To become a fully-certified Geographic Profiling Analyst you will need to complete an operational geographic profiling report within four months of the course.

Operational reports involve applying your training to a real case. The report is then marked and if it reaches the necessary standard you will be certified as a Geographic Profiling Analyst. 

Marking of the report and certification are included in the cost of the course. 

Course team

Spencer Chainey

Spencer Chainey

Spencer is the Principal Research Associate at the UCL Department of Security and Crime Science. His particular research interests are in developing geographical crime analysis and crime mapping. He carries out most of his day-to-day work on developing the use of data, information sharing and analysis to aid intelligence development and decision-making by police forces, community safety partnerships, and national crime reduction and policing agencies.

His work has influenced national (UK) policy, and has contributed to policing and crime reduction developments in the USA, Canada, Brazil, China, Germany, Northern Ireland, Australia, New Zealand and South Africa. His work is also used in examples of good practice by the UK Cabinet Office (Social Exclusion Unit), Local Government Improvement and Development, The Home Office, the Audit Commission, The Housing Corporation and the United States National Institute of Justice.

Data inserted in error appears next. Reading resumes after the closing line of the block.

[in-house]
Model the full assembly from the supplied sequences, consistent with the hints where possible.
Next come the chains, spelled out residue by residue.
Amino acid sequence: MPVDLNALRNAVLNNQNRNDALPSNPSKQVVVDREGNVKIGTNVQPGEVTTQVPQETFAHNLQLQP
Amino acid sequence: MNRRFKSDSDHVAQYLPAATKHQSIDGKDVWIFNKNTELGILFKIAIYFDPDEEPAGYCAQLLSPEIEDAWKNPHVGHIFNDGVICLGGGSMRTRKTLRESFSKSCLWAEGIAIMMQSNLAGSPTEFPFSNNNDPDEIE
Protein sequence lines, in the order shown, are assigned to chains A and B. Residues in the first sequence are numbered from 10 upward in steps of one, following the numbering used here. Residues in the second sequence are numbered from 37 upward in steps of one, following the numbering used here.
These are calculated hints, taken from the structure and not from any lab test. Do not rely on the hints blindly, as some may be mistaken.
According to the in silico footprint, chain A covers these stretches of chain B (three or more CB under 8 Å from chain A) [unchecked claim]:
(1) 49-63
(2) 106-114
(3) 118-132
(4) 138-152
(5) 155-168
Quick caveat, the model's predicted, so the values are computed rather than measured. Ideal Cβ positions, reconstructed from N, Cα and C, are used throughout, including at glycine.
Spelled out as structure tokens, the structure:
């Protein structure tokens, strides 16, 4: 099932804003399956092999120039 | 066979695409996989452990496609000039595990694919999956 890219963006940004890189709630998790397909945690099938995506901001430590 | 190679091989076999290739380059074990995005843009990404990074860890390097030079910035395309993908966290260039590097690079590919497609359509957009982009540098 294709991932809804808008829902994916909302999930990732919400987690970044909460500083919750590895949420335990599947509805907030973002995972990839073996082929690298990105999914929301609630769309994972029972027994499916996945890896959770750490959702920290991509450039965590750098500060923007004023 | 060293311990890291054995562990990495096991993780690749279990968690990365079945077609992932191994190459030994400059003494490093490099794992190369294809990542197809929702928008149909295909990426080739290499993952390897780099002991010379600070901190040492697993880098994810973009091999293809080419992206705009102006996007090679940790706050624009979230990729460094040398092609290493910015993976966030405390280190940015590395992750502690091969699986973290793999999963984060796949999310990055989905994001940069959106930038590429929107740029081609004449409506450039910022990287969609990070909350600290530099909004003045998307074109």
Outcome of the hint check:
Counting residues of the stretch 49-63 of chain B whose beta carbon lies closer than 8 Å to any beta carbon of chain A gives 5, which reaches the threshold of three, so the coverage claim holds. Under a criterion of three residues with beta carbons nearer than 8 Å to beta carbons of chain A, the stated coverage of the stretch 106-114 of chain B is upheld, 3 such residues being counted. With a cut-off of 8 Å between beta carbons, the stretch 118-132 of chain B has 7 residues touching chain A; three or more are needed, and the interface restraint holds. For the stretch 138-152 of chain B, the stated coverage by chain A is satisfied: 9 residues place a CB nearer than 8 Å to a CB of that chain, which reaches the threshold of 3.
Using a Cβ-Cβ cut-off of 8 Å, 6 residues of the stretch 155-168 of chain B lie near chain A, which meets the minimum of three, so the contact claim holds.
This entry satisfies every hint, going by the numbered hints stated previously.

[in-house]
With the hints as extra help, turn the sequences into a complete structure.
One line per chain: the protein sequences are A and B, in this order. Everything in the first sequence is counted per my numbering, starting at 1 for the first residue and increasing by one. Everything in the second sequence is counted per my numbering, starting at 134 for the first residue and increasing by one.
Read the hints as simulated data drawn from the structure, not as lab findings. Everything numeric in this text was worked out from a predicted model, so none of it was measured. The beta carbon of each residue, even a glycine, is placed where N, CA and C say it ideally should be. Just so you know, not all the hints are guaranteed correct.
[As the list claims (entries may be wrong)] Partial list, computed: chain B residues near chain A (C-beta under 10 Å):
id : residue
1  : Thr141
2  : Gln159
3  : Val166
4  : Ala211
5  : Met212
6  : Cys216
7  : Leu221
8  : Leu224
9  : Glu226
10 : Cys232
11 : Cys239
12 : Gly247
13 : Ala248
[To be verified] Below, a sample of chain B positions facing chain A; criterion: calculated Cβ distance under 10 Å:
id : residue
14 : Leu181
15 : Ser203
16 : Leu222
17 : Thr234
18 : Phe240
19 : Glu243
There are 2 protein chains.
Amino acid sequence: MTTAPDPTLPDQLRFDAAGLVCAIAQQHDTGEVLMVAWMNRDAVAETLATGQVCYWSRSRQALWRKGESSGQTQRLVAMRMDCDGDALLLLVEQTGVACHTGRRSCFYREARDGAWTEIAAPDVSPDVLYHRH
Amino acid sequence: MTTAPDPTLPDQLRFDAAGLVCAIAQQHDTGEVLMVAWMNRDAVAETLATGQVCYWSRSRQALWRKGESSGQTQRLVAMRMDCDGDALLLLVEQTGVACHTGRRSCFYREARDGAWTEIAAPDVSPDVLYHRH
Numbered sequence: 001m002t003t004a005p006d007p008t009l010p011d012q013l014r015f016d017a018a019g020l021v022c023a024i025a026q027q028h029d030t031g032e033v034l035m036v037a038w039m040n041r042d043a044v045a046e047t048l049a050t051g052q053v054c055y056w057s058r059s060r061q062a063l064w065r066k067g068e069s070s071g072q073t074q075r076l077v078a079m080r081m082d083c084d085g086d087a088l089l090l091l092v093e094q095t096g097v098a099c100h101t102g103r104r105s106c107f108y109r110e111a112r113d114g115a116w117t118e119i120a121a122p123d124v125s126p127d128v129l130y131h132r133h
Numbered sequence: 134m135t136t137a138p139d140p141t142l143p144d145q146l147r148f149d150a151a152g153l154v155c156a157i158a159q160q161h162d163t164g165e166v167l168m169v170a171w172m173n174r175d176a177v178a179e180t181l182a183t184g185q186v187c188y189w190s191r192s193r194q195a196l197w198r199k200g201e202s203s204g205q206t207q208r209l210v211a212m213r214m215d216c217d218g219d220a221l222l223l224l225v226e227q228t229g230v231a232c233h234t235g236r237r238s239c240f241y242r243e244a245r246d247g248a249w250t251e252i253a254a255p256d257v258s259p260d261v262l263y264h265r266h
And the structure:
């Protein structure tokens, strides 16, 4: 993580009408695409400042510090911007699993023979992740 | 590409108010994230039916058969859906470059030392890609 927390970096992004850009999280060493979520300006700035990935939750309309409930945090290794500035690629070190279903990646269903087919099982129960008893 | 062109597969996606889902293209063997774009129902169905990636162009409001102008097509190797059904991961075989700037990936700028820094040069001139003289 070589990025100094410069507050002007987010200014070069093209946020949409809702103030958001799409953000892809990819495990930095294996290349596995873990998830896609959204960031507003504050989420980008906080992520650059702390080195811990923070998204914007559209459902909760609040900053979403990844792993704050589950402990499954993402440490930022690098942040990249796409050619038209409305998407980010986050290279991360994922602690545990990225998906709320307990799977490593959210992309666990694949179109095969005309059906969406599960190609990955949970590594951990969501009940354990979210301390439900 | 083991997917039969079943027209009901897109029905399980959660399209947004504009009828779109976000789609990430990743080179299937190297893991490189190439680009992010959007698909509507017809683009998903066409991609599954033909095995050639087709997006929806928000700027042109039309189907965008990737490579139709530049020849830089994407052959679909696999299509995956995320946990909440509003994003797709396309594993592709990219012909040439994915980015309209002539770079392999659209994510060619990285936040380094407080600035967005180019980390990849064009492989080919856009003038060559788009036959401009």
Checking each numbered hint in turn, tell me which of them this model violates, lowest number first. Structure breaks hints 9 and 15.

Learner reviews

"Best course I have ever been on. The breadth of knowledge from the trainers combined with the theory and practical examples makes this course a must!" [Police Senior Intelligence Analyst]

"Well presented with good practical application from knowledgeable trainers." [Police Senior Intelligence Analyst]

"I have been in intelligence analysis both at a local and force level for a number of years and it is the best course I have had the pleasure to attend!" [Police Senior Intelligence Analyst]

"This has been one of the best courses I've attended. It has really put the application of theory into practice and cemented pre-existing knowledge. I think it will be very important discipline to have in forces and look forward to getting my hands dirty on some real cases. Brilliant stuff." [Police Senior Intelligence Analyst]

"An excellent course, that even without the use of Rigel will impact on my daily activities/thinking and also the ability to share knowledge and influence others." [Police Senior Intelligence Analyst]

"It was focused and useful, well taught at a good pace." [Police Senior Intelligence Analyst]

"Have thoroughly enjoyed it - informative, easy to understand and so relevant to my role (or at least it will be when I get back in force and get to do it!)." [Police Senior Intelligence Analyst]

"I would like to thank you for the skills and knowledge I could obtain during our course. It has been a great experience and definitely one of the best courses I encountered during my time with the federal police.” [Austrian Federal Police Intelligence Officer]

Course information last modified: 21 Jun 2022, 17:32